Telling people that you are gay, or that you are struggling with your gender identity, or anything that has to do with being a part of the LGBTQ+ community takes courage – especially when talking to those closest to you such as parents, siblings, close friends or even your children or spouse. This major life event can be both terrifying and liberating, but the unknown can be the hardest. You might imagine all sorts of worst-case scenarios and suffer anxiety or depression as a result. Or, it might be that things went far worse than you were expecting when you shared your news. Perhaps you are still trying to tell someone and just can’t quite get there, or you might not even be certain about your gender identity or sexuality but you know you want to be authentic with your loved ones and wish to share your feelings. This can be a lot to process and deal with on your own.
With every major life transition, there is a change, and with every change, there is an ending and with endings there often comes grief. So, by telling people about your sexual orientation, of course, there should be great relief, but there you may also experience grief because the relationship you had with the people you are telling may now change. You may feel that they view you or interact with you differently and you may experience a feeling of loss for how things were before.
If your announcement was not met with positive reactions, or your relationship has ended as a result of you coming out, you will very likely feel grief over the rejection and the loss of that relationship in your life.
If things went very badly, it is possible you are feeling trauma and very isolated, which can both lead to anxiety and/or depression.
When is it time to get help?
For some people, coming out can be a beautiful event. They are met with unconditional love and support and they feel liberated and relieved to have shared that personal information about themselves, which will enable them to live their authentic lives. For some, the news may have come as a shock to those being told and maybe didn’t go as well as they’d hoped. For others, coming out may have been a traumatic experience that ended with them being shunned and isolated from the very people who claim to love them the most. If you haven’t come out yet and are struggling with how to do so, the fear of the unknown outcome can be paralyzing. It’s not uncommon to feel anxiety, stress, depression, grief, and confusion after you’ve shared this news and/or before you’ve made the decision to talk to your loved ones. However, if these feelings are impacting your life, or you feel stuck, it may be time to talk with a therapist.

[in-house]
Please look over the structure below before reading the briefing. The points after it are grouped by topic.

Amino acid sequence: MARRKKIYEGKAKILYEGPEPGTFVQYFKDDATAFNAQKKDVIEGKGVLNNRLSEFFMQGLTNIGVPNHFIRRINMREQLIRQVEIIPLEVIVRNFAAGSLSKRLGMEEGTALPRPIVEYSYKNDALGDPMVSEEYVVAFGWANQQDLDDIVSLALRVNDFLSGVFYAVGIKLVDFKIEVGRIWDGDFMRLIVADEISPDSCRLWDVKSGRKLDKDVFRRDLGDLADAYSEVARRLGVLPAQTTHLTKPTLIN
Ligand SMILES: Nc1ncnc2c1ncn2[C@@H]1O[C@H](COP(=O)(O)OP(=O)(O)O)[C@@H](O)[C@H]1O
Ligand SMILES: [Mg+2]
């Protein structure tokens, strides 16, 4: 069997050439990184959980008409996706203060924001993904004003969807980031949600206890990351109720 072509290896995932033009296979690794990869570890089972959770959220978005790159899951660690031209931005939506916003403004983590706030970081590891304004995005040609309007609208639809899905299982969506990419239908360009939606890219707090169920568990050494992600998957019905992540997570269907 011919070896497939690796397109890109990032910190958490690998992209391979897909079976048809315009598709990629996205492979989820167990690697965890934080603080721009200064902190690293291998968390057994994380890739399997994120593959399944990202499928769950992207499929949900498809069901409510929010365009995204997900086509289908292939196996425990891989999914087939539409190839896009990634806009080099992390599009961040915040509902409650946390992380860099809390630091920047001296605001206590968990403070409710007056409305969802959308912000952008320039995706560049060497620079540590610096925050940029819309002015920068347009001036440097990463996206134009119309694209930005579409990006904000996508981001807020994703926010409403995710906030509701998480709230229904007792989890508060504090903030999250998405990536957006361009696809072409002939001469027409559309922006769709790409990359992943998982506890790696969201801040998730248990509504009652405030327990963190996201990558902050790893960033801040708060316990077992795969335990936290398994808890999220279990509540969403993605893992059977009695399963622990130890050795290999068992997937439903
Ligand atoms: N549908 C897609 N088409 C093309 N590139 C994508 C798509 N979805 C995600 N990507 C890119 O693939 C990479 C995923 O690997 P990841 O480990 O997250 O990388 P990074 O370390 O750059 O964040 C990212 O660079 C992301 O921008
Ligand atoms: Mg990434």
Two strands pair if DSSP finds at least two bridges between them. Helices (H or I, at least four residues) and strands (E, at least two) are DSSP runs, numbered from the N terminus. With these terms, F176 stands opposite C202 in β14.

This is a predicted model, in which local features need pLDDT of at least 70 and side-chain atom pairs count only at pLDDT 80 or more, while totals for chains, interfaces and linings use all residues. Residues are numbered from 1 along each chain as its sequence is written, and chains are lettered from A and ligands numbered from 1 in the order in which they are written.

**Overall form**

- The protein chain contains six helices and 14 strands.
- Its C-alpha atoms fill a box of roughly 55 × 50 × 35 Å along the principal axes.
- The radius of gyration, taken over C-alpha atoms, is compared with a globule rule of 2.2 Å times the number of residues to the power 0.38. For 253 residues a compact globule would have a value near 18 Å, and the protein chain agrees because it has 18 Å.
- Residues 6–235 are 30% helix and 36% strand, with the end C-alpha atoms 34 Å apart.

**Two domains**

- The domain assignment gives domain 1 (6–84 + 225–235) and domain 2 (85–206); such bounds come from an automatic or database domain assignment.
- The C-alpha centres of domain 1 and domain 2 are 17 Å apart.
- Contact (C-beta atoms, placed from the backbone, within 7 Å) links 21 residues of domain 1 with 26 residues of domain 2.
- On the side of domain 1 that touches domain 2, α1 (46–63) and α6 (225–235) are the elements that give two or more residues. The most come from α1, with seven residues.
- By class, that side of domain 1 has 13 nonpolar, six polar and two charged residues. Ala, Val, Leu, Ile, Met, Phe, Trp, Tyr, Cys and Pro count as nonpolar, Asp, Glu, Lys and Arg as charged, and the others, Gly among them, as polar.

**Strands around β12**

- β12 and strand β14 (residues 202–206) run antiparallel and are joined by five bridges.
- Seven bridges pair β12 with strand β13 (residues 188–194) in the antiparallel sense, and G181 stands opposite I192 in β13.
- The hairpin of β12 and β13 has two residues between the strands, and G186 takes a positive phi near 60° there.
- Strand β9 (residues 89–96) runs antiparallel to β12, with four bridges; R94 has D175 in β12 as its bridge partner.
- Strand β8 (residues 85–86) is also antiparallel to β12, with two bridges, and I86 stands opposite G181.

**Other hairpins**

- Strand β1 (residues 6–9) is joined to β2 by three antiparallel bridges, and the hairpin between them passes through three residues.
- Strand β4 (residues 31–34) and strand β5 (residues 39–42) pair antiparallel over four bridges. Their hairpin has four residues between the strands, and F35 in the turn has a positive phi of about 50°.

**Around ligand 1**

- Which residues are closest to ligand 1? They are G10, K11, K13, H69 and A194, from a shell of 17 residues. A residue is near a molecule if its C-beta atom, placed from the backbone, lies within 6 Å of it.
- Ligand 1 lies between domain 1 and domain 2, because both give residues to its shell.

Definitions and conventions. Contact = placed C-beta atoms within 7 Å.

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If you are feeling overwhelmed and exhausted, abnormally anxious, feeling excessive grief or sadness, when your relationships or your work are affected, and your ability to cope or function is limited, or you find yourself coping with unhealthy choices (alcohol, drugs, food, unhealthy relationships, etc.) it might be time to seek help.
There is no specific treatment for dealing with the change that coming out brings. Depending on what you’re experiencing (trauma, gender identity issues, sexuality issues, anxiety, depression, grief, etc.), there are many treatment methods that can be successful – Cognitive Behaviour Therapy, Solution Focused Therapy, Mindfulness Therapy and many more. It depends on you and what treatment method best suits your needs and personality. Your therapist will work with you to determine the most effective treatment method for you.
What will I get out of treatment with Insight?
Our therapists will support you and empower you to get through this major change in your life. We can share coping strategies and tools you can use to help you get through this time of transition and help you to see the opportunities that may now exist. We can assist you in setting realistic goals and timelines for those goals. With support, you can come out of this life-altering transition more resilient and better able to cope with all of life’s changes.
Featured Therapists that can help:
Calgary, Online Counselling
Adults (18-64), Children and youth (3-12), Adolescents (13-17), Families, Couples, LGBTQ community, Assessments
Adults (18-64), Children and youth (3-12), Adolescents (13-17), Seniors (65+), Families, Couples, LGBTQ community, Sexuality
Other Therapists that can help: